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Module Six of CCE 281 Corrosion: Impact, Principles, and Practical Solutions

Hydrogen Induced Cracking (HIC)

There are several categories of hydrogen phenomena that are localized in nature. Atomic hydrogen, and not the molecule, is the smallest atom and it is small enough to diffuse readily through a metallic structure. When the crystal lattice is in contact or is saturated with atomic hydrogen, the mechanical properties of many metals and alloys are diminished. Nascent atomic hydrogen can be produced as a cathodic reaction when certain chemical species are present which act as negative catalysts (i.e. poisons) for the recombination of atomic to molecular hydrogen as shown in the following equation.

recombination of atomic to molecular hydrogen

If the formation of molecular hydrogen is suppressed, the nascent atomic hydrogen can diffuse into the interstices of the metal instead of being harmlessly evolved as a gaseous reaction product. There are many chemical species which poison this recombination (e.g. cyanides, arsenic, antimony, or selenium compounds). However, the most commonly encountered species is hydrogen sulfide (H2S), which is formed in many natural decompositions, and in many petrochemical processes (reference).

Processes or conditions involving wet hydrogen sulfide, i.e. sour services, and the high incidence of sulfide-induced HIC has resulted in the term sulfide stress cracking (SSC). The SSC of medium strength steels has been a continuing source of trouble in the oil fields, and from these troubles has evolved in international standards [6]. However, similar problems are encountered wherever wet hydrogen sulfide is encountered (e.g. acid gas scrubbing systems, heavy water plants, and waste water treatment).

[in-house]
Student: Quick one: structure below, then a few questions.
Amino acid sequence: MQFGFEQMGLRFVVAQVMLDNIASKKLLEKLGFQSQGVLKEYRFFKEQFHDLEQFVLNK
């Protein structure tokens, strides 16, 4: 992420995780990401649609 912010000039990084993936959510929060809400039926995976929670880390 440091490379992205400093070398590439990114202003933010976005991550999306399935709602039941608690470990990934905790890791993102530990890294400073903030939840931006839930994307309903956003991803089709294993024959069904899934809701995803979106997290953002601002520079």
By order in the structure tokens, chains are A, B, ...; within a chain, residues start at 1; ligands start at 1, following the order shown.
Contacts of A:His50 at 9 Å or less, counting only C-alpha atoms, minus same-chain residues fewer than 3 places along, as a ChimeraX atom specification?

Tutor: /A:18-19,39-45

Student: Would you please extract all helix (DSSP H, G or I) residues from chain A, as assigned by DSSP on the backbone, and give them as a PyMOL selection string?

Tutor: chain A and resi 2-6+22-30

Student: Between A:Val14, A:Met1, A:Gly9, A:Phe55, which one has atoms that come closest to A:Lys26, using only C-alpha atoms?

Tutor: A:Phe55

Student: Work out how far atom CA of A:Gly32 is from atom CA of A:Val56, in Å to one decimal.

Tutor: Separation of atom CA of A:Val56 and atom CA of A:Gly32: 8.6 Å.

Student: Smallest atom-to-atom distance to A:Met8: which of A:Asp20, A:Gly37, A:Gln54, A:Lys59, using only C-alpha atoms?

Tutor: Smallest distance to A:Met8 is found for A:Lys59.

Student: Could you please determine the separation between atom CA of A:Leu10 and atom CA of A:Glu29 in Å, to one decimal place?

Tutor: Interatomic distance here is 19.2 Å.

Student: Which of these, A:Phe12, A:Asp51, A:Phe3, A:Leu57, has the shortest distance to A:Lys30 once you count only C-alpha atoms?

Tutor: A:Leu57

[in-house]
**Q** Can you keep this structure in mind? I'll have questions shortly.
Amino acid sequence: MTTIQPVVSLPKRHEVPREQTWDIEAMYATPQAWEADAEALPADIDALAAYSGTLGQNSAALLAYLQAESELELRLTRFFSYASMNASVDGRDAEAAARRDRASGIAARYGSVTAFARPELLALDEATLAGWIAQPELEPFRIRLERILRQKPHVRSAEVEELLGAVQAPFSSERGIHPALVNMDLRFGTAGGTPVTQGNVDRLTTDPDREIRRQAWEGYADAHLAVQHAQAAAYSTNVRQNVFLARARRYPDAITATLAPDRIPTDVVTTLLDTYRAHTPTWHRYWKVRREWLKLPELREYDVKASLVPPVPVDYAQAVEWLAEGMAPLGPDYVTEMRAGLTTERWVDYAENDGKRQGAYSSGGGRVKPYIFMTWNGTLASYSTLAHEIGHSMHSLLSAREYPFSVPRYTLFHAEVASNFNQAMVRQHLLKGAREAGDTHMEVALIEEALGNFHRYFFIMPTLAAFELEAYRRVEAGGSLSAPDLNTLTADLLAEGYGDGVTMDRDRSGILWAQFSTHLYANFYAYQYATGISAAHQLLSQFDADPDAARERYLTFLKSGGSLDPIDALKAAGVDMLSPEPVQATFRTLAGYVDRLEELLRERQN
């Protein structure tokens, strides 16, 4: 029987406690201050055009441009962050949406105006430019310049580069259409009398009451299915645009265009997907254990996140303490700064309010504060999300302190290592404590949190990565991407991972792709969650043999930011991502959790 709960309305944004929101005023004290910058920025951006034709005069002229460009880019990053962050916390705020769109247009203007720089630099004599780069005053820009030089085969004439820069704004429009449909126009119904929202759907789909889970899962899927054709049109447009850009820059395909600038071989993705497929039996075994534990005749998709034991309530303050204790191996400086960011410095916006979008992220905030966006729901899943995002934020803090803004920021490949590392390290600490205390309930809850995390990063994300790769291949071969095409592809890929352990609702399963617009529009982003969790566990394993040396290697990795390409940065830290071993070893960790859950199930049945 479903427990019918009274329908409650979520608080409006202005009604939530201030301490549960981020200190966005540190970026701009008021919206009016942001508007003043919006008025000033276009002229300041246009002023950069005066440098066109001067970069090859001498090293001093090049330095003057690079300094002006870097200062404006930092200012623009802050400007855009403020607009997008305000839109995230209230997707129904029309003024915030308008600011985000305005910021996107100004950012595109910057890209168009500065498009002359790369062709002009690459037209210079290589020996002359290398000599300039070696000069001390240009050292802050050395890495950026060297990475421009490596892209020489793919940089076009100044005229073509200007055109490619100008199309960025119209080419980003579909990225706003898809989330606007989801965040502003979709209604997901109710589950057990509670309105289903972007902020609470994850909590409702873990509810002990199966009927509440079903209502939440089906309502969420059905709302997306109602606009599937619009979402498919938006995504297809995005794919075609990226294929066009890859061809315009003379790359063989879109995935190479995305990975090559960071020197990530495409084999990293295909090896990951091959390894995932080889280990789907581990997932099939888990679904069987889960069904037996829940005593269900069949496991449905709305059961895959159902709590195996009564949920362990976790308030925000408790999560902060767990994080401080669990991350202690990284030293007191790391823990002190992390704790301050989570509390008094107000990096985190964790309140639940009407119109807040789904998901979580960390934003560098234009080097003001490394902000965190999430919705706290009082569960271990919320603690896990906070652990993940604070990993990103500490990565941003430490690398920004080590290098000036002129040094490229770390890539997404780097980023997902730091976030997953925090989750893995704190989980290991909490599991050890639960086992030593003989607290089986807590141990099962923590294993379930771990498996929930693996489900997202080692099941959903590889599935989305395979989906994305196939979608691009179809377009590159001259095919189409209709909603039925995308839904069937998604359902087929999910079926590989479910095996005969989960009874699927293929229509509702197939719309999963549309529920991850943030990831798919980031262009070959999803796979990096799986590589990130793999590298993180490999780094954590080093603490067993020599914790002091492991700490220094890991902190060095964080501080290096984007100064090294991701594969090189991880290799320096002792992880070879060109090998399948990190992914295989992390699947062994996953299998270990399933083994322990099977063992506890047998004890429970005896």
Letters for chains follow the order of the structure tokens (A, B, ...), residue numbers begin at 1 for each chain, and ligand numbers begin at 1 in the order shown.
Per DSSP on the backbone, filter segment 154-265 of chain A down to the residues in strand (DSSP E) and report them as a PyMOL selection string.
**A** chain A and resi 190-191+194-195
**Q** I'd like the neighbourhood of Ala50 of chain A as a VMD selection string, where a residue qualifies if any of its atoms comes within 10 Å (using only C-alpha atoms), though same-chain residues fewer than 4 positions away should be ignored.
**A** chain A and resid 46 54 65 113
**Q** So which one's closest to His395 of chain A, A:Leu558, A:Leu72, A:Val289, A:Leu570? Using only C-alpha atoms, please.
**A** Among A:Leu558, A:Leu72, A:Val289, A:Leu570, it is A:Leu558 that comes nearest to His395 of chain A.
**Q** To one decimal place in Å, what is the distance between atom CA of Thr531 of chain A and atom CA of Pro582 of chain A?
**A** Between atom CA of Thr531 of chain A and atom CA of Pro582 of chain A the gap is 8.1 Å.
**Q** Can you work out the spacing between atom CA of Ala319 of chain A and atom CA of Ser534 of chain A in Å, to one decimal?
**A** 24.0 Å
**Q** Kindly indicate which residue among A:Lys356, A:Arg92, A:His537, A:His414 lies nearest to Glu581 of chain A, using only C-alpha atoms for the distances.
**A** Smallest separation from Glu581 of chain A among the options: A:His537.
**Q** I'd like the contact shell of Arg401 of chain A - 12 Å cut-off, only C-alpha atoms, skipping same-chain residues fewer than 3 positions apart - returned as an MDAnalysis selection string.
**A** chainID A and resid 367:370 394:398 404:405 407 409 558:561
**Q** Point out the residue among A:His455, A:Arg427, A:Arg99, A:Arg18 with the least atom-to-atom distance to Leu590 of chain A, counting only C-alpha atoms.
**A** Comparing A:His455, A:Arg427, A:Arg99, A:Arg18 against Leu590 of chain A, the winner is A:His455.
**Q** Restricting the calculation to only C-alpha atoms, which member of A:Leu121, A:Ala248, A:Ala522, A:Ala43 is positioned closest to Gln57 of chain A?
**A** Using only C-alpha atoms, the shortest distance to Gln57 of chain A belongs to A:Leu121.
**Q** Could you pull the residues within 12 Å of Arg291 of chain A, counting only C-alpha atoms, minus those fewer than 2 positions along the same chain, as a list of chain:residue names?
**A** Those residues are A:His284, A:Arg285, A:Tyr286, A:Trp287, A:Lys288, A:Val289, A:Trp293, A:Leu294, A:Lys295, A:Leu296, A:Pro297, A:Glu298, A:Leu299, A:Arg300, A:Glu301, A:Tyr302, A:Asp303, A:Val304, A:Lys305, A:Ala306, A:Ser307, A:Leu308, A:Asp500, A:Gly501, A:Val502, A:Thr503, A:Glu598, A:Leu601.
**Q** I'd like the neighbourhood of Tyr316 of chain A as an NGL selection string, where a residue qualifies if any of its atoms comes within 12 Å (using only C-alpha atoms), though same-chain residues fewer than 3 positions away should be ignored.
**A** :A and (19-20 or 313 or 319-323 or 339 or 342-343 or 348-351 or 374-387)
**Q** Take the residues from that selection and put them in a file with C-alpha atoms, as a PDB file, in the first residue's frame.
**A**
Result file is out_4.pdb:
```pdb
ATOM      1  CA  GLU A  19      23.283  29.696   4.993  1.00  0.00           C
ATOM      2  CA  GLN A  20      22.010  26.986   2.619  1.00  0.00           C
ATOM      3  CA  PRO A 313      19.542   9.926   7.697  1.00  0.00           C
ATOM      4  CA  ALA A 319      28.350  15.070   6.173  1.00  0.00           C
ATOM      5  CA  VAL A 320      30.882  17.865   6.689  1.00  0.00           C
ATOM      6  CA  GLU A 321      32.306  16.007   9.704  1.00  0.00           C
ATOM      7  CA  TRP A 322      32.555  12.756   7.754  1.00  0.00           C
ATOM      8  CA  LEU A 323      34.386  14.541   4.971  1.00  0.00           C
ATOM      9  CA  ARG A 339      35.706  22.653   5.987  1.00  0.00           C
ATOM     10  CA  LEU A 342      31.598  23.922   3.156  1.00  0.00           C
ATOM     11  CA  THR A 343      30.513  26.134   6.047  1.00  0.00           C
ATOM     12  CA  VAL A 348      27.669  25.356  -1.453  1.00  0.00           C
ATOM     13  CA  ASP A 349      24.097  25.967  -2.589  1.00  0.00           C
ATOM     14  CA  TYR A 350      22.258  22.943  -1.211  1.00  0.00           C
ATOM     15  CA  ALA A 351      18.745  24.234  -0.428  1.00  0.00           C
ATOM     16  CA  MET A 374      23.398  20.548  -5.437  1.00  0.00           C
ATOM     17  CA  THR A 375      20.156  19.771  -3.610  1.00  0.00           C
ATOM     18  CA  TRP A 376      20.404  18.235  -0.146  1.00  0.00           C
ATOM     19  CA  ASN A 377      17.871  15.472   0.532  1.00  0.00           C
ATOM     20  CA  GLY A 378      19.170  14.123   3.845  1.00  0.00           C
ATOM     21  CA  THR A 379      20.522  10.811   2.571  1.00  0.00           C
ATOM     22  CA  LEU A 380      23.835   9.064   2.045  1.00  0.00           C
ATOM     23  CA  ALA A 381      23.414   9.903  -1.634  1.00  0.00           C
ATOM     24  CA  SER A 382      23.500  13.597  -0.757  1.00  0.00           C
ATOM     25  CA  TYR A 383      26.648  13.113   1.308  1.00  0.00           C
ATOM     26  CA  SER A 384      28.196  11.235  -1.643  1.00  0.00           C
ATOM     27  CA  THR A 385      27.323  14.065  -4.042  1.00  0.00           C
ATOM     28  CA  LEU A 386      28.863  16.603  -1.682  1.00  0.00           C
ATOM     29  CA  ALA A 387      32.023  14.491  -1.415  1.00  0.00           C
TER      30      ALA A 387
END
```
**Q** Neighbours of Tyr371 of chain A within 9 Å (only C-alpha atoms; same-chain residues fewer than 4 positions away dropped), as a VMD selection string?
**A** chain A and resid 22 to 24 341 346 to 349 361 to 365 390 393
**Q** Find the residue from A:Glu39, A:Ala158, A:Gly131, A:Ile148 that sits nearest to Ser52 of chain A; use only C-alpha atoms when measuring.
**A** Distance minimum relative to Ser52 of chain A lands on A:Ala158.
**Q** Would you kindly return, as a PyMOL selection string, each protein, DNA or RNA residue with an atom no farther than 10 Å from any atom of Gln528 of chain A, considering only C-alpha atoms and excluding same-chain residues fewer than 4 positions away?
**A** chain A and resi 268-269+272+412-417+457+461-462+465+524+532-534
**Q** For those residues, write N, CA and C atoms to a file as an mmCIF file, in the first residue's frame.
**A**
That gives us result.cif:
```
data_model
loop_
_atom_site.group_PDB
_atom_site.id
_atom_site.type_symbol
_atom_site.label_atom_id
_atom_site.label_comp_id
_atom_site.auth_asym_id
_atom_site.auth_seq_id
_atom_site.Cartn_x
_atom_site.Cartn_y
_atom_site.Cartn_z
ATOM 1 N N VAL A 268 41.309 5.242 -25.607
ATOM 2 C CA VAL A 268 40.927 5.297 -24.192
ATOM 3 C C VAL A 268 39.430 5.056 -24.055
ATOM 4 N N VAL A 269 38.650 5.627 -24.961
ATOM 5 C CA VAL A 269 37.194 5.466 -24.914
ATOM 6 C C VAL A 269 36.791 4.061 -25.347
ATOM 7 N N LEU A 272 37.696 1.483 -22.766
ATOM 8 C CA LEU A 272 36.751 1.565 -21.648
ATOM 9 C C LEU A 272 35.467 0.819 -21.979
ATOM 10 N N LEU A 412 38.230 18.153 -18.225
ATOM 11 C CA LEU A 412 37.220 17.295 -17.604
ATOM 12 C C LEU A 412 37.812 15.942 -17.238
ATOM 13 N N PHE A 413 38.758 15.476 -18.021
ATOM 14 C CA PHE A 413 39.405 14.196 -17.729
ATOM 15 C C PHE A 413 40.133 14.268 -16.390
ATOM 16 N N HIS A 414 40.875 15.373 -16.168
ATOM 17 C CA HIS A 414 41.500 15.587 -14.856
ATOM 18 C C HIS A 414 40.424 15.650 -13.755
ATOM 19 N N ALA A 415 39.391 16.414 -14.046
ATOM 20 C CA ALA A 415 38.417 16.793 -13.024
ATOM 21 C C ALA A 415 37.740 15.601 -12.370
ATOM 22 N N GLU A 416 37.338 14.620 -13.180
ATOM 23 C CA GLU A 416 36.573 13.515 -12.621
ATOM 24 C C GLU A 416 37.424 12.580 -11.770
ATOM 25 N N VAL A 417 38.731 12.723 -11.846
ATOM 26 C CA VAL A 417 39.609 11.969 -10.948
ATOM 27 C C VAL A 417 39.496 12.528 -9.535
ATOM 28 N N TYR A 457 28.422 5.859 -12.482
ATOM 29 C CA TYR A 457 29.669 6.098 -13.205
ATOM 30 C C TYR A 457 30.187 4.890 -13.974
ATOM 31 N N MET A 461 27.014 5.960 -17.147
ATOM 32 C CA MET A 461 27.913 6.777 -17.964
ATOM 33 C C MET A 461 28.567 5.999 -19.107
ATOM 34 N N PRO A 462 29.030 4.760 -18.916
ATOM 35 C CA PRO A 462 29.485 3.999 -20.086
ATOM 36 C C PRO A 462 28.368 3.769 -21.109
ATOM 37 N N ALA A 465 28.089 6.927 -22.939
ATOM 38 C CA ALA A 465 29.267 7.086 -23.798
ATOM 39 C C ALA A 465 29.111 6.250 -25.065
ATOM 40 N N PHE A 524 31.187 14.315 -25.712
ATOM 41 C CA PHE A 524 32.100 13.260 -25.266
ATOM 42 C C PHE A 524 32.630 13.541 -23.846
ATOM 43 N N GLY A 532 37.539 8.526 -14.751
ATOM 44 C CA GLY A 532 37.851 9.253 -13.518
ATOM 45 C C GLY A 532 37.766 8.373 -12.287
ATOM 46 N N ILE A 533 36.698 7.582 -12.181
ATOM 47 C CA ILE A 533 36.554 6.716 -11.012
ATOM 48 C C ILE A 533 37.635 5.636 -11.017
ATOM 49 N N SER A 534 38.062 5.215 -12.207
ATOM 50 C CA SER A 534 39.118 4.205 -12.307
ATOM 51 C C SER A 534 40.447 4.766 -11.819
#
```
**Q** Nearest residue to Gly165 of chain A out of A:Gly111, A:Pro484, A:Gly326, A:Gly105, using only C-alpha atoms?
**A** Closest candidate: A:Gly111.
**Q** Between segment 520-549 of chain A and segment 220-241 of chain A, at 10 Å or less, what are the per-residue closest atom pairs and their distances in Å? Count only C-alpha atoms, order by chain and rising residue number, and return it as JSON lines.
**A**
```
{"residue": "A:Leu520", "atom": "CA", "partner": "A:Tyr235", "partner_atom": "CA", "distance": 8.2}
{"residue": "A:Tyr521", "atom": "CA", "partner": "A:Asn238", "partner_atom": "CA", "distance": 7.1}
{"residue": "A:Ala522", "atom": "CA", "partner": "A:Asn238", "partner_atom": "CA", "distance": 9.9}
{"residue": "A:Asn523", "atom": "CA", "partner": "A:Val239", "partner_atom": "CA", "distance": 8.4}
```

Failures have occurred in the field when storage tank roofs have become saturated with hydrogen by corrosion and then been subjected to a surge in pressure, resulting in the brittle failure of circumferential welds. In rare instances, even copper and Monel 400 (N04400) have been subjected to HIC. More resistant materials, such as Inconels and Hastelloys often employed to combat HIC, can become susceptible under the combined influence of severe cold work, the presence of hydrogen recombination poisons, and a direct current from the galvanic couple due to electrical contact with a more anodic member.

The mechanism of HIC has not been definitely established. Various factors are believed to contribute to unlocking the lattice of the metal, such as hydrogen pressure at the crack tip, the competition of hydrogen atoms for the lattice bonding electrons, the easier plastic flow and dislocation formation in the metal at the crack tip in the presence of hydrogen, and the formation of certain metal hydrides in the alloy. The following phenomena have also been commonly reported in relation to hydrogen weakening of metallic components.

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